Donald Trump the 45th President of the United States gave his first State of the Union Address last week. As a public speaking coach with far more of a passion for what we can all learn from the rhetoric of world leaders than their politics I find myself called to tune into them.
I believe that communication skills rank among the top of the most important skills in the world regardless of who we are or what we do. The truth in the words of Dr. Mardy Grothe who said, “Words have incredible power. They can make people’s hearts soar, or they can make people’s hearts sore” is always worth considering when millions of people all over the world are addressed.
Before Donald Trump became the 45th President of the United States I was naturally curious as to how he would set about winning the hearts and minds of a nation through his rhetoric. In 2015 I wrote about President Trump’s speech at the Phoenix Convention Centre which concerned me on a number of levels. In my article ‘8 presentation tips for Donald Trump’ I presented Mr Trump with some extremely valuable advice. It seems to me that he has acted on 7 of the 8 tips that I shared and as you will see from that article and last week’s address he made remarkable progress in relation to those tips. The only one he didn’t take was to ‘lose the lectern’.
His oratory growth began well before last week though. In 2016 in a further article called, ‘Donald Trump took presentation skills coaching advice’ I wrote about his public speaking advances seen in his victory speech during his New York address. Again with the exception of clutching the lectern he acted on all of this advice.
Two steps forward, one step back
Just a few weeks later at his inauguration speech Donald Trump continued to follow most of the original advice I offered although he failed to embrace the most important one; ‘Create hope not animosity.’ In my article ‘Donald Trump: what he did say today in his inauguration speech?’ I wrote: ‘Despite his energy, emphasis and evocative call to make America great again he spent most of his time admonishing his predecessor. Given that he had spent an entire presidential election campaign doing exactly that, it was disappointing that he chose to continue his tone of animosity and division.’
What a difference a year makes…
Even his most ardent dissenter would struggle to pummel President Trump’s 1st State of the Union Address. That said, Mr Trump is one of those speakers you either warm to or you don’t. It seems to me that whatever is written about his words and the way he delivers them half of the world will admire whilst the other half disdain.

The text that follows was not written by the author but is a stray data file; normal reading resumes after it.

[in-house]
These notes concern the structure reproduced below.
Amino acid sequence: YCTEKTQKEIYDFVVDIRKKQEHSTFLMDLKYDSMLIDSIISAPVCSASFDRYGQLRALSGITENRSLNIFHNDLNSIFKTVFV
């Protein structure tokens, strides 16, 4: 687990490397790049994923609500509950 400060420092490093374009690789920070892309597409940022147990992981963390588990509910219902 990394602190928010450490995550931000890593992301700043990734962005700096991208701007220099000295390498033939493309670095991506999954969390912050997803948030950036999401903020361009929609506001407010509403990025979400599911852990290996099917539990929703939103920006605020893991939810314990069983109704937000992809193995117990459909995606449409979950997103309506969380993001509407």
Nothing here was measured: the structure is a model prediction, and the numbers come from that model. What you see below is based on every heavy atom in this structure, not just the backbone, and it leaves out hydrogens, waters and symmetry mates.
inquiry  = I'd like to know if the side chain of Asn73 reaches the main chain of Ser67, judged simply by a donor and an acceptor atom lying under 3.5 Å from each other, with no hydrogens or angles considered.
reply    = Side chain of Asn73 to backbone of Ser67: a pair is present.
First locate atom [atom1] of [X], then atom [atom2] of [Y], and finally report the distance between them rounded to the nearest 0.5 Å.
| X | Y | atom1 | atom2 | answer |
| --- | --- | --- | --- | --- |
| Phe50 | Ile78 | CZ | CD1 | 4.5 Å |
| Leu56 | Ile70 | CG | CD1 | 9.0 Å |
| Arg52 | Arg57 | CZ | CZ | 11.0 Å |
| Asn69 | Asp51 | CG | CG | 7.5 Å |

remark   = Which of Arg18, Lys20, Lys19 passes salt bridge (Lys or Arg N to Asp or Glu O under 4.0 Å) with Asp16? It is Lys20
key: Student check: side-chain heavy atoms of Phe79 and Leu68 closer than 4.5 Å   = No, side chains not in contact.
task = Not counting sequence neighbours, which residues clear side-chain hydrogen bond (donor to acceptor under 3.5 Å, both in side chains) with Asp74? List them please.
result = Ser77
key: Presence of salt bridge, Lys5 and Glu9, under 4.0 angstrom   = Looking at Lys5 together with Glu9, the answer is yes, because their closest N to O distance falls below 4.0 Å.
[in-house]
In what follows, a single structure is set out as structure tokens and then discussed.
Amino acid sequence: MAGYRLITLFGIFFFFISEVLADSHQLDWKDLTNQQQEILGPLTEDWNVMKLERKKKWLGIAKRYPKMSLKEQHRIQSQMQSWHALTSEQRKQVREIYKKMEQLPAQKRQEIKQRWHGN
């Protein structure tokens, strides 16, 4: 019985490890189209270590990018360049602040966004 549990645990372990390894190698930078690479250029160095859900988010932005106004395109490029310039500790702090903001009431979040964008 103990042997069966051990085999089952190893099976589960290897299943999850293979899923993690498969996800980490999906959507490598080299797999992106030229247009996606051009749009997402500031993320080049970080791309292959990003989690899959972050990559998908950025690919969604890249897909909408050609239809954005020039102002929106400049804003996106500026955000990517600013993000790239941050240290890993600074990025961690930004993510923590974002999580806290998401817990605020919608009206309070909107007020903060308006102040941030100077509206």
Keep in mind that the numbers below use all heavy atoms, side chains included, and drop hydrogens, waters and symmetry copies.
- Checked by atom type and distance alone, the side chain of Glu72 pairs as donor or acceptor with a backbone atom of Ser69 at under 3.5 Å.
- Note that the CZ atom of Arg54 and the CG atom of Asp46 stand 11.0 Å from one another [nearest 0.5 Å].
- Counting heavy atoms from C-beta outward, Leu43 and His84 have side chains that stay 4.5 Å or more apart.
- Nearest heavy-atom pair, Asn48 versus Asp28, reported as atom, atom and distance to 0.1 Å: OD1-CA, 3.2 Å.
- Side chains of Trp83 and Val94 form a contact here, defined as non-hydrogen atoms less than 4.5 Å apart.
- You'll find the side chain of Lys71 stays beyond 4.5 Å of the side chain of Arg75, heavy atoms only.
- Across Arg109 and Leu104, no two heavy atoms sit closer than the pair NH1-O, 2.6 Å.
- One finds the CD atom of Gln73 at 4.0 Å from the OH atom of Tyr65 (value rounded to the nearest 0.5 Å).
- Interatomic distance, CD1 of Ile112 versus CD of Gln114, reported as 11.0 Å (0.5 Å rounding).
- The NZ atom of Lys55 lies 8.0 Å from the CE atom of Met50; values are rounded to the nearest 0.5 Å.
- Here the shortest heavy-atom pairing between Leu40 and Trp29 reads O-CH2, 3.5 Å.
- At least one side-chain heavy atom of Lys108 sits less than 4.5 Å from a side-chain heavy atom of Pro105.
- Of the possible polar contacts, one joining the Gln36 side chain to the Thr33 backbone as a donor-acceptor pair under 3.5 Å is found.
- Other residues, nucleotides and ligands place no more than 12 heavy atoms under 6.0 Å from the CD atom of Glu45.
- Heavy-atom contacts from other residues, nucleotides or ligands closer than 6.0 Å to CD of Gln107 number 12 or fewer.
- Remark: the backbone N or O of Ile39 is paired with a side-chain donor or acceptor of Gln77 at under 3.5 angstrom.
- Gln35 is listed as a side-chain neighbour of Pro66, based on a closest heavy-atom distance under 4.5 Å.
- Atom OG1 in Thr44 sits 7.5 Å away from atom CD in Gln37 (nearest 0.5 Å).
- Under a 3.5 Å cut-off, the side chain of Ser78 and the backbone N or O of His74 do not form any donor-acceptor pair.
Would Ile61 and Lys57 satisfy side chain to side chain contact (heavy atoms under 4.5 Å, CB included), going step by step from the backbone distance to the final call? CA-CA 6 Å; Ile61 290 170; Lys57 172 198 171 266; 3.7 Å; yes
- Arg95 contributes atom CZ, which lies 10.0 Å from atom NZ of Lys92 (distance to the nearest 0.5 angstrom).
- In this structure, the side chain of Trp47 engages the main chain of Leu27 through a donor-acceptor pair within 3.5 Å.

Politics aside, what I was looking for as a public speaking coach was whether he would follow the advice I offered in 2015.
In my view he did follow this advice and excelled himself as a public and presidential speaker. In retaining and demonstrating his passion he raised the bar for himself significantly in speaking in a way that was clear, calm, compelling and complete.
He left his arrogance, ad-libbing and negativity at home and crafted and delivered a speech which did exactly what it was designed to do; present the State of the Union. Whether you, liked or agreed with his perspective I believe he demonstrated significant progress in his public speaking skills.
My only hope is that he can now continue to build on this as someone who has the opportunity to lead millions of people to speak in a way that is calm, compelling and respectful.
In case you missed the original article ‘8 presentation tips for Donald Trump’ or don’t have time to read it now its worth pointing out the suggestions I made which I believe can serve us all well when presenting and speaking in public.
1. Lose the lectern
2. Get some structure
3. Make it about your audience
4. Slow down
5. Take it easy on the repetition
6. Leave out the bad jokes
7. Get a coach
8. Create hope not animosity
Watch the full address here:
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Author: Maurice DeCastro